When reading the Bible, I always saw Satan as sort of the underdog hero of the story. You have to read very closely of course – the devil is in the details.
Let’s start at the very beginning. In the Genesis story, God creates Adam and Eve in the Garden of Eden. Among the many plants in the garden, God places the Tree of Life and the Tree of Knowledge of Good and Evil.
God then tells Adam and Eve not to eat of these two special trees.
Now here’s the rub: we’ve established that Adam and Eve have no knowledge of good and evil at this point. Right? I mean that’s the whole point of the Tree of Knowledge of Good and Evil – to give them knowledge that they do not yet possess. This is also explained by them not being ashamed of being naked until after they eat from the tree.
Thus, if Adam and Eve have no knowledge of good and evil, then how can they be expected to know that it is right (or good) to follow God’s request and wrong (or evil) to disobey? They don’t have that knowledge yet!
Suspicious, reasonless. Why should their Lord
Envy them that? Can it be a sin to know?
Can it be death?”
– Lucifer in John Milton’s Paradise Lost
Similarities Between Satan and Prometheus
In other words, Satan here can be seen as the giver of Knowledge. Compare this to the Greek story of Promethius, who stole fire from the gods and gave it to us mortals. The theme of both stories is that a powerful being stole something from the gods (knowledge or fire) to help humanity to advance.
Appropriately, the Latin word “Lucifer” translates to “Morning Star” (a possible nod to Venus). But when used as an adjective, “Lucifer” can be used to mean “light-bringer”, which is essentially what both beings did: Lucifer, by bringing humanity to the light, and Prometheus, by literally bringing humanity a light source.
Another possible correlation (though it may be a stretch) is that Prometheus was punished by Zeus by being bound to a rock and having an eagle (Zeus’s symbol) swoop down and munch on Prometheus’ liver – which would promptly grow back – each day for eternity.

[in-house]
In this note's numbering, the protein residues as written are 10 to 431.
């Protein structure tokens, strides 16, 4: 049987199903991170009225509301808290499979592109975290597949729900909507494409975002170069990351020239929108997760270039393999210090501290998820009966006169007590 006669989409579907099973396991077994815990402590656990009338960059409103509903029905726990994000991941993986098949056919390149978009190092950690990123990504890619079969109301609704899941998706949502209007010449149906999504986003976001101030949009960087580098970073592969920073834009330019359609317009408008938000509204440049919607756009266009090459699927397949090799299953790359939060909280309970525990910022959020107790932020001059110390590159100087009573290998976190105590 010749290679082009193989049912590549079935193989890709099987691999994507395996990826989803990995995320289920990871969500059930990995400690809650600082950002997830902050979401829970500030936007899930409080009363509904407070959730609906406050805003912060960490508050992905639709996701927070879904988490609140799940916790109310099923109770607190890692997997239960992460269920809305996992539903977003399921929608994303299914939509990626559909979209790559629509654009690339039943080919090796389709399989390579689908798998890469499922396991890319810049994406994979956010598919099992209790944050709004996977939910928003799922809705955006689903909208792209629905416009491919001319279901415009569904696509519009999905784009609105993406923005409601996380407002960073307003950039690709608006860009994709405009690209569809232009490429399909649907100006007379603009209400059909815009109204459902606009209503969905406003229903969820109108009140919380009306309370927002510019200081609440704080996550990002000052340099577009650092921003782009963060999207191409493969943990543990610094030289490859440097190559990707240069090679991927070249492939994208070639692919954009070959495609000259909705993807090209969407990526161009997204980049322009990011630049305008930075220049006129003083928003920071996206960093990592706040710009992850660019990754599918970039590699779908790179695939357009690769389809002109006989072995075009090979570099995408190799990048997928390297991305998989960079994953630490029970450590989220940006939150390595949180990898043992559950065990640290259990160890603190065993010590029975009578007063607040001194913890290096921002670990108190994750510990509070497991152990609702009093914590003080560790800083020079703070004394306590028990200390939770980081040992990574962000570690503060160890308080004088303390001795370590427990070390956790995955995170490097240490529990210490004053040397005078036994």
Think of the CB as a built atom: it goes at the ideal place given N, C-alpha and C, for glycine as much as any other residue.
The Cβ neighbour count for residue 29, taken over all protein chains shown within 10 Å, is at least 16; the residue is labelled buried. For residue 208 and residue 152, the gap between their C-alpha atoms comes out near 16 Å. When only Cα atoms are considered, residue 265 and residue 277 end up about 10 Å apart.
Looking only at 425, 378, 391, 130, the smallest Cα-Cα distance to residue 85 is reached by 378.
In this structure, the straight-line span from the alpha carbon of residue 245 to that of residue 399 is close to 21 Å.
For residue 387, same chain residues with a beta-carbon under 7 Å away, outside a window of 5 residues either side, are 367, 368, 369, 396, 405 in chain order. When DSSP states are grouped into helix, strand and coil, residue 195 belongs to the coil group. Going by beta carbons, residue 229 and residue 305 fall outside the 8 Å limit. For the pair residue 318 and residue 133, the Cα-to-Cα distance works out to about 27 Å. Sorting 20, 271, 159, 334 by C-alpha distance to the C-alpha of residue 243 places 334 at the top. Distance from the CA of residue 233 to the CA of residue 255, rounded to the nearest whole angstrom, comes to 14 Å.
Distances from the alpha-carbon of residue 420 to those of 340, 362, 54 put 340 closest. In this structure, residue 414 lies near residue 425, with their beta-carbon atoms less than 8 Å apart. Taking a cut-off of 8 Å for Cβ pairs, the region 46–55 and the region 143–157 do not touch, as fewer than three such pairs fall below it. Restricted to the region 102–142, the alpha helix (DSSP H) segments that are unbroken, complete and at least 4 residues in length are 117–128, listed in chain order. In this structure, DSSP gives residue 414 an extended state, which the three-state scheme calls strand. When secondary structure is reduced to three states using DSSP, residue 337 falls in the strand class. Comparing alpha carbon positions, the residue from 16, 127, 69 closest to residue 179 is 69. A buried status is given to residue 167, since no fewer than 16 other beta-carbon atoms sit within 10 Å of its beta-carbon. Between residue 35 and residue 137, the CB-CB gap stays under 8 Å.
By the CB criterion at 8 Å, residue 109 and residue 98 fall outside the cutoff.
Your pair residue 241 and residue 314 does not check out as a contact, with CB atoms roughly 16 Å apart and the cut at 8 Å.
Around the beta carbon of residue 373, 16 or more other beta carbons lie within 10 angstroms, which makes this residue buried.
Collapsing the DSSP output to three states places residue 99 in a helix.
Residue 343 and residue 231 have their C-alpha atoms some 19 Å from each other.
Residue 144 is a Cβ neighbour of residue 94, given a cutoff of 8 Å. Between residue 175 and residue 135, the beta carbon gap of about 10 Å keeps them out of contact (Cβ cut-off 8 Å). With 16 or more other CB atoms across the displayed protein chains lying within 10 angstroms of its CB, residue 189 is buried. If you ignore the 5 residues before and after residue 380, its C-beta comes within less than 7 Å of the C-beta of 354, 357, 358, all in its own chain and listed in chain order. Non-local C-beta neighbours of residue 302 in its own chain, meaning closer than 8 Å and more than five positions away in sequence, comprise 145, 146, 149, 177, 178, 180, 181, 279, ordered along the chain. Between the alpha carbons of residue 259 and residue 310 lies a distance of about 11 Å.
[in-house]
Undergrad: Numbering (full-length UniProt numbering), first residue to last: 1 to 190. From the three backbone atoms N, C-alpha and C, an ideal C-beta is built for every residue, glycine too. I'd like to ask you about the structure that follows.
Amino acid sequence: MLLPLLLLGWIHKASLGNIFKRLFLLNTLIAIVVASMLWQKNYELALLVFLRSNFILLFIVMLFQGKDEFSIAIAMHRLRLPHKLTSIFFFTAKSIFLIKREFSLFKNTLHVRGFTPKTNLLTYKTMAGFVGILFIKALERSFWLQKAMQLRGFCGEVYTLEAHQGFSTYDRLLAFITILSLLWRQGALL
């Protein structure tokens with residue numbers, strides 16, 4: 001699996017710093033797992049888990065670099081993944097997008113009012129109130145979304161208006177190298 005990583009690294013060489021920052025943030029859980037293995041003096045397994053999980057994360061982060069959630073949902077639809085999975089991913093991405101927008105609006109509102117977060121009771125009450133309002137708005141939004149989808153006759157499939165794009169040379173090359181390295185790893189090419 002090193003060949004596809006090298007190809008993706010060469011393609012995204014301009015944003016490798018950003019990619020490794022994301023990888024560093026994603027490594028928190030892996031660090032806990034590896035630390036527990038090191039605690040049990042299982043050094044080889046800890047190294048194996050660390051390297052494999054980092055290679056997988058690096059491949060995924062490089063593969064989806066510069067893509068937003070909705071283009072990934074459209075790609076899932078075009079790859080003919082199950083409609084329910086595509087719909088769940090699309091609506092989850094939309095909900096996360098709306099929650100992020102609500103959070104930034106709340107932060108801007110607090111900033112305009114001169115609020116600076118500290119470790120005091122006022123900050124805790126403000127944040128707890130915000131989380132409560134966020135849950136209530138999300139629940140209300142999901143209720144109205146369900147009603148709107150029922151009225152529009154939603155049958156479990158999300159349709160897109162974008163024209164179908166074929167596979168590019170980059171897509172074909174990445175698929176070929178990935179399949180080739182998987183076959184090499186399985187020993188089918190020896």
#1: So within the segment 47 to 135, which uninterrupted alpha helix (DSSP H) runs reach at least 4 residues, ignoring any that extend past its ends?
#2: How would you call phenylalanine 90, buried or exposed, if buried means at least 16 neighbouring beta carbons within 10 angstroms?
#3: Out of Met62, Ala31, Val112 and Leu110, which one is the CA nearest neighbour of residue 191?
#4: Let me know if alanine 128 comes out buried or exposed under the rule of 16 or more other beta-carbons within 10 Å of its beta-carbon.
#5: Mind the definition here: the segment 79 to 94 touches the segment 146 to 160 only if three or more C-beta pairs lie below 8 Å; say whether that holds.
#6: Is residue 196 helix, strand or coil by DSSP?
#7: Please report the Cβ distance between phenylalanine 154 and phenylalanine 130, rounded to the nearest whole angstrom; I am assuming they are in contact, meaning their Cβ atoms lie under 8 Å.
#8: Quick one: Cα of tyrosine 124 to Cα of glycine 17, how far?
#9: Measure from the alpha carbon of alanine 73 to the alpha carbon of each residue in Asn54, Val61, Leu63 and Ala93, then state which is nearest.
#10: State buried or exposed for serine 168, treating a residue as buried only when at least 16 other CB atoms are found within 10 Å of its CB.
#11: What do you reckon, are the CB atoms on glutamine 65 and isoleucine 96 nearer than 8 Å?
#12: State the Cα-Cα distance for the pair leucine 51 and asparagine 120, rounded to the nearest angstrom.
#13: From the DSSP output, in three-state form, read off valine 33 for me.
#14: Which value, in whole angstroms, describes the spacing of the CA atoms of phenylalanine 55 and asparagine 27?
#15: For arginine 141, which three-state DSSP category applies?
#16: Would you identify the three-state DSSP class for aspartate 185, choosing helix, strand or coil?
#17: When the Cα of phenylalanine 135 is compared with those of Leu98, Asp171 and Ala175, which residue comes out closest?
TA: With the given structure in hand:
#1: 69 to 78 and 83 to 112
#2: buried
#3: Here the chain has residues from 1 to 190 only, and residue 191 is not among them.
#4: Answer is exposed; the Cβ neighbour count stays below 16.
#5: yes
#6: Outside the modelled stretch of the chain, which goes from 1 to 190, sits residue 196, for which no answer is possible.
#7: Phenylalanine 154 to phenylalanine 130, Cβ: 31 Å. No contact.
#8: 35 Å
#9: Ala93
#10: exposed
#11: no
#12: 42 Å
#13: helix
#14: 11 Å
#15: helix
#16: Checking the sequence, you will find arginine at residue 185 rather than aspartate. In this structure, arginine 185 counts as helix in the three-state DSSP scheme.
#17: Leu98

Interestingly enough, Satan was punished by God by being forced to slither on his belly like a snake(Genesis 3:14), which is a known prey to eagles.
A perhaps more obvious correlation between the stories is how humanity was punished for their new gifts.
Initially, Adam is punished by being forced to work the land for his food and Eve was punished with painful childbirth. But as a further implication, Adam and Eve are believed by many to be responsible for original sin. Similarly, Zeus punished humanity for Promethius’ gift by having Hephaistos create Pandora, the first woman, who is known for unleashing evil unto the world.
Death By Satan
It’s also important to note that the only people Satan is said to have killed were Job’s family and servants – and only after being told to do so by God. Meanwhile, God is responsible for countless of billions of deaths all throughout the Bible.
For that matter, Satan even tried to feed Jesus when he saw that he was starving. I mean, okay Jesus was only fasting, but why is the Bible so quick to shit all over Satan? I swear, the man can’t do anything right by y’all!
At any rate, I simply cannot see Satan as a violent monster as I feel many make him out to be. At worst, he might be a bit of a trickster entity, like Enki or Loki. Appropriately, Prometheus was also considered a big trickster. Some folks just can’t take a little joke here and there apparently.
 Obviously Paradise Lost is not Biblical cannon. But it is some of the most beautiful poetry out there. Also, considering that Milton was a friar, I think it’s safe to say he was well informed with his tales. At the very least I think we could consider it a supreme work of fan fiction, if not a revered part of the Extended Universe.
 While the serpent in Genesis is not immediately related to Satan, it is in Revelation 12:9 and 20:2. Though obviously the significant distance (both space and time-wise) between the supporting passages puts some doubt that the serpent of the Creation Story was ever intended to be known as Satan, the correlation is nevertheless widely-held all throughout Christian literature.